### Video Transcript

In this video, we’re going to learn
how to find the intervals over which a function is increasing, decreasing, or
constant.

We say that a function is
increasing when the value of the function 𝑓 of 𝑥 increases as the value of 𝑥
increases. This will result in a graph that
slopes upwards. And so the slope of the graph of a
function over an interval during which it is increasing must be positive. We can, conversely, say that a
function will be decreasing if the value of 𝑓 of 𝑥 decreases as the value of 𝑥
increases. It then follows that if a function
is decreasing over that interval, the slope of its graph will be negative.

For a function to be strictly
increasing or strictly decreasing, there can be no flat bits on the graph of that
function at all. If we have a flat piece of graph,
in other words, a horizontal line, we say that the function is constant over this
interval. Now, of course, we might not
necessarily be given the graph of the function, so we can generalize these
ideas. A function is increasing if when 𝑥
two is greater than 𝑥 one, 𝑓 of 𝑥 two is greater than or equal to 𝑓 of 𝑥
one. Then it’s strictly increasing if 𝑓
of 𝑥 two is just greater than 𝑓 of 𝑥 one. If when 𝑥 two is greater than 𝑥
one, 𝑓 of 𝑥 one is equal to 𝑓 of 𝑥 two, the function is constant over that
interval.

In a similar way, we form
definitions for functions that are decreasing and strictly decreasing. Now, throughout this video, we’re
also going to use interval notation to describe the intervals of increase and
decrease. So let’s recall these. 𝑅 is the set of real numbers. These are the numbers that we use
most often, and they include rational numbers and irrational numbers. But they don’t include imaginary
numbers or positive or negative ∞. Then square brackets or parentheses
describe a set of values when we do want to include the end values. And then we use the round brackets
or parentheses when we don’t want to include the end values on our interval. We’re now going to consider a
number of examples of using graphs to establish intervals of increase or decrease
and also how we’re going to find these by using the equations.

The graph of a function is given
below. Which of the following statements
about the function is true? Is it (A) the function is
decreasing on the set of real numbers? Is it (B) the function is constant
on the set of real numbers? (C) The function is increasing on
the left-open right-closed interval from negative ∞ to zero. Is it (D) the function is
increasing on the set of real numbers? Or (E) the function is constant on
the left-open right-closed interval from negative ∞ to zero.

Let’s begin by recalling what the
words decreasing, increasing, and constant tell us about the graph of a
function. If a function 𝑓 of 𝑥 is
decreasing over some interval, then the value of 𝑓 of 𝑥 decreases as the value of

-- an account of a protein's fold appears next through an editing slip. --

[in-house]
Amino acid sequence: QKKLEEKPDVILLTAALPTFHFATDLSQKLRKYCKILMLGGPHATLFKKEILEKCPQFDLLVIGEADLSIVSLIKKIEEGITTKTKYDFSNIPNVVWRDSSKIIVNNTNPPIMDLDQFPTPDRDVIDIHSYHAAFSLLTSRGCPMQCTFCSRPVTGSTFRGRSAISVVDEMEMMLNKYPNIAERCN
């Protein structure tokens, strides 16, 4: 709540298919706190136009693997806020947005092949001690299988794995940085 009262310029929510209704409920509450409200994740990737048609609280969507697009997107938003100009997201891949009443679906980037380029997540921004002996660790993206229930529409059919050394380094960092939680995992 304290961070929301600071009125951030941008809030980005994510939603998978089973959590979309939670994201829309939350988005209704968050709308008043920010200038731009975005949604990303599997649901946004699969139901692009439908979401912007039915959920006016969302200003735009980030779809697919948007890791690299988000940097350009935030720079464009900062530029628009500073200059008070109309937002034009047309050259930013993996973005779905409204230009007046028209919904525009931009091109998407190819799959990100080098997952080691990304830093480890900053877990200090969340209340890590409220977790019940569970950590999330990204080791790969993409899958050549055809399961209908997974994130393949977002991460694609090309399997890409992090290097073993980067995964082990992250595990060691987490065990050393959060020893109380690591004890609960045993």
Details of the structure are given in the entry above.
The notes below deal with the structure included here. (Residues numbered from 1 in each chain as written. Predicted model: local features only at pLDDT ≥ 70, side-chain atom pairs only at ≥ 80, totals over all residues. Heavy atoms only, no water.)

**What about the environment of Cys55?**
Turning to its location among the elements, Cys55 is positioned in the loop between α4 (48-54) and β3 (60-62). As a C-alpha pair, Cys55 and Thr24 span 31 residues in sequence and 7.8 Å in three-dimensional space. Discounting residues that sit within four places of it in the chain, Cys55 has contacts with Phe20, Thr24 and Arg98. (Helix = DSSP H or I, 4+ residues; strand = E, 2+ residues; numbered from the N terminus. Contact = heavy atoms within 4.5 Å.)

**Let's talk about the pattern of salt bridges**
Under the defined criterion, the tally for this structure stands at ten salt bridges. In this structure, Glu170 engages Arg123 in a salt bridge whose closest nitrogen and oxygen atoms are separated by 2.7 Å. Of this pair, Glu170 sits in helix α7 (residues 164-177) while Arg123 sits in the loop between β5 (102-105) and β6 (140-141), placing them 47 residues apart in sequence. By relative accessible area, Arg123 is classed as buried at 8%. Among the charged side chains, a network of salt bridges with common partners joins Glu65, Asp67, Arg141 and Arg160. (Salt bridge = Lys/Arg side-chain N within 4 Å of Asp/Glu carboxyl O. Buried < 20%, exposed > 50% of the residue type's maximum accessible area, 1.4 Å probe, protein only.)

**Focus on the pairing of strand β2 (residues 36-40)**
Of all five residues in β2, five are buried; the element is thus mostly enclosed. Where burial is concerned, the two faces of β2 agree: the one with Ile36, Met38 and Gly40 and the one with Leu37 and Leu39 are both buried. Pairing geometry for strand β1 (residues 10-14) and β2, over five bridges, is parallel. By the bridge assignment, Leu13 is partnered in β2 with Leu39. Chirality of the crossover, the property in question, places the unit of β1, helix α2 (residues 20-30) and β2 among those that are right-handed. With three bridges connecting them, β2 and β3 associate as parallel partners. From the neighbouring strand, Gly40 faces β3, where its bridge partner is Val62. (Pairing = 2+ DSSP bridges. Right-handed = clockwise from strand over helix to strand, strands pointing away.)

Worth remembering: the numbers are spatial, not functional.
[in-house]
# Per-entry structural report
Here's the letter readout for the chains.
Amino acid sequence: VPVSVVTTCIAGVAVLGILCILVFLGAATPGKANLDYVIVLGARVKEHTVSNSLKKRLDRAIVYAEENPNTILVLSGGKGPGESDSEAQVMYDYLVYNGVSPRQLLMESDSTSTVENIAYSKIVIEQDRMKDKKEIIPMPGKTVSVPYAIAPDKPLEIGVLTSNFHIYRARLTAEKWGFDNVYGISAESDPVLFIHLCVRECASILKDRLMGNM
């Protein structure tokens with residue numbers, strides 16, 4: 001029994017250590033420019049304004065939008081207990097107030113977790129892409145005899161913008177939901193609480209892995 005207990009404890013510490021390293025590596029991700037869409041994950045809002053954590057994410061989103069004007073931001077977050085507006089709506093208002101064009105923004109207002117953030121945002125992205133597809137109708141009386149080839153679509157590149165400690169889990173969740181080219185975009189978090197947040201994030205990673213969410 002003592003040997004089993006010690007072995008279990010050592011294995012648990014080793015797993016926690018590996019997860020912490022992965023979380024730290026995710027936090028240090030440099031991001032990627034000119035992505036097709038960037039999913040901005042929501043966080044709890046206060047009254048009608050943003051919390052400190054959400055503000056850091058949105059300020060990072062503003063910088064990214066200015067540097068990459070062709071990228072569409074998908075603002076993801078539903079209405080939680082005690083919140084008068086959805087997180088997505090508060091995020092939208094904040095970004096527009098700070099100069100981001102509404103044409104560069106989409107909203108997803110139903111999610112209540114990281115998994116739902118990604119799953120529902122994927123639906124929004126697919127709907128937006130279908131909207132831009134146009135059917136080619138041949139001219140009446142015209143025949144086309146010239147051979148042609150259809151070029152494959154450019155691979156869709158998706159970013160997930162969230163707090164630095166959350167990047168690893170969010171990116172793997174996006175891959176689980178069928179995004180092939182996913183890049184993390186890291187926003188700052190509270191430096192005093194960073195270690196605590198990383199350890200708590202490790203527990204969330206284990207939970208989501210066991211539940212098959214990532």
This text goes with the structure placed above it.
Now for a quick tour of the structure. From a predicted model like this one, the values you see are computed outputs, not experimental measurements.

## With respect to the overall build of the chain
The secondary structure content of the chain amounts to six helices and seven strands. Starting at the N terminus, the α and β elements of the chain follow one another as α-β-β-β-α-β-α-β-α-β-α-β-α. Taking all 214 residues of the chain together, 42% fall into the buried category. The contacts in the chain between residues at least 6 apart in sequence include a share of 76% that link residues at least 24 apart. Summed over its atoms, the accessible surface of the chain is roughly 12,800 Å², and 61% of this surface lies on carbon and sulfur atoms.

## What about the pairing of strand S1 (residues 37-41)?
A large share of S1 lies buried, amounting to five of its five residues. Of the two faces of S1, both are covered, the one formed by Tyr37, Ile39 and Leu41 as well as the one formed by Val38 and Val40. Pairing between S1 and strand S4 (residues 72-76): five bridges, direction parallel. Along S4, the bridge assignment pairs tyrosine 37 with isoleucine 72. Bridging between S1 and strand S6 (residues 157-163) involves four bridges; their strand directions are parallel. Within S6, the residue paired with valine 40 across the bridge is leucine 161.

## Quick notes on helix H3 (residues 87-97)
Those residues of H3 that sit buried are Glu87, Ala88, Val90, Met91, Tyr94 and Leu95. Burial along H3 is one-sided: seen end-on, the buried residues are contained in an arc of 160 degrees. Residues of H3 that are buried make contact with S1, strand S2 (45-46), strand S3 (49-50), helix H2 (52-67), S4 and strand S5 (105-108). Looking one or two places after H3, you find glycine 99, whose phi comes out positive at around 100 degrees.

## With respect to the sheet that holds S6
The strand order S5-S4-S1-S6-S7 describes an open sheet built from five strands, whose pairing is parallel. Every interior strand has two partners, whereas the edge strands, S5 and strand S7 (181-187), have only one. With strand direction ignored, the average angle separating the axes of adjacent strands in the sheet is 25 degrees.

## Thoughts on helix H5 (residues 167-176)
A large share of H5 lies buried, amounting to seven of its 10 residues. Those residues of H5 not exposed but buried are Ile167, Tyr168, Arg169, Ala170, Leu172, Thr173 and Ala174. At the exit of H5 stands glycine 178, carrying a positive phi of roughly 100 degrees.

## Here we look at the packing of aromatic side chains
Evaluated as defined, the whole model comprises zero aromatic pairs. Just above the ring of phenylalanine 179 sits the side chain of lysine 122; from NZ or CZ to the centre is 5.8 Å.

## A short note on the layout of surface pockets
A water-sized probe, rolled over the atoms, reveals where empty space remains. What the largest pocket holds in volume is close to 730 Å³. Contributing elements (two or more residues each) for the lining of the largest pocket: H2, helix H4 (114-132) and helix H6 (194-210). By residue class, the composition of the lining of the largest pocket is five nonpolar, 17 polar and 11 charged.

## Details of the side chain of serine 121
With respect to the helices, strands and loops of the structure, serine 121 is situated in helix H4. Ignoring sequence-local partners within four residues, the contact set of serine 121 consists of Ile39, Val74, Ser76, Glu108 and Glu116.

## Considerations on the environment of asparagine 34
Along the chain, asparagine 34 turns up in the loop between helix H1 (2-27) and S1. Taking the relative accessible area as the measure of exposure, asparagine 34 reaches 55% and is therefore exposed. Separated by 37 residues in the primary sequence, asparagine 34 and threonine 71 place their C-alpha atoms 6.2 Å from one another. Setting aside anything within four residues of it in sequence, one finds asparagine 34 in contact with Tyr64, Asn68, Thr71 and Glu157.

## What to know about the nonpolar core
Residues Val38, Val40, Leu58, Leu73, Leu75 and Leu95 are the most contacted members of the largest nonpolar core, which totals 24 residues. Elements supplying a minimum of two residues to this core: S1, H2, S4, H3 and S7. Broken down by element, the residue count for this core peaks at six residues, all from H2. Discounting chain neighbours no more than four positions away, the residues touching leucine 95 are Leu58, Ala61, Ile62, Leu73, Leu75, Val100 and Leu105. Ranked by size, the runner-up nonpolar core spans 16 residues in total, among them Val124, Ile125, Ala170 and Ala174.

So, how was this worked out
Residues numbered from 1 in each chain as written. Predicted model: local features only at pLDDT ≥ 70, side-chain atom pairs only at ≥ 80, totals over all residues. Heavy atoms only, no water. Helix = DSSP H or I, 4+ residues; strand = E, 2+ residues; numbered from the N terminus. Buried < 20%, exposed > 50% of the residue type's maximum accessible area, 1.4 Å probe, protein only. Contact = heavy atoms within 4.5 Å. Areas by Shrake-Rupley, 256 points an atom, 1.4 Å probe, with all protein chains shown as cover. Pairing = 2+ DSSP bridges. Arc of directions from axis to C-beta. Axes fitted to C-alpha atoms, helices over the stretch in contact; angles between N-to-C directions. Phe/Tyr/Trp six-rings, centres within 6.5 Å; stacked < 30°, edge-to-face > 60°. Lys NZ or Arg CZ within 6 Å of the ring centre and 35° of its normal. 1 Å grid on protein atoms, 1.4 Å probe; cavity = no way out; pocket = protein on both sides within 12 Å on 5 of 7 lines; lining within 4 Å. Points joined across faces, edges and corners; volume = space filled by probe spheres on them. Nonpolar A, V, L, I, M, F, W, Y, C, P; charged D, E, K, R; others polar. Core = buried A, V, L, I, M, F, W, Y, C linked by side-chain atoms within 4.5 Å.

𝑥 increases. In terms of the graph, we can say
that the graph will slope downwards over that interval. The opposite is true if a function
is increasing over some interval. As the value of 𝑥 increases, the
value of the function also increases. And then this looks like the graph
sloping upwards. Then if a function is constant, as
the value of 𝑥 increases, the value of the function remains the same. And in terms of the graph, this
looks like a horizontal line.

And if we compare our graph to
these three terms and these criteria, we see we have a horizontal line. So our function must be
constant. So if we compare these to our
options (A) through (E), we see we’re looking at (B) and (E). (B) says the function is constant
on the set of real numbers, whereas (E) says the function is constant on the
left-open right-closed interval from negative ∞ to zero.

So which of these are we going to
choose? If we think about this notation,
this is telling us that the function is constant for all values less than and
including zero. And in fact, this is a subset of
the set of real numbers which extends from negative ∞ to positive ∞ but doesn’t
include those endpoints. If we look at the horizontal line
representing our function, we see it has arrows at both ends. And so our line itself must also
extend up to positive ∞ and down to negative ∞. And so we can actually say that the
correct answer is (B); the function must be constant on the set of real numbers.

In our next example, we’ll see how
to use interval notation to describe whether a function is increasing, decreasing,
or constant over particular intervals.

Which of the following statements
correctly describe the monotony of the function represented in the figure below? Is it (A) the function is
increasing on the open interval five to eight, constant on the open interval
negative one to five, and decreasing on the open interval negative two to negative
one? Is it (B) the function is
increasing on the open interval negative two to negative one, constant on the open
interval negative one to five, and decreasing on the open interval five to
eight? Is it (C) the function is
increasing on the open interval five to eight and decreasing on the open interval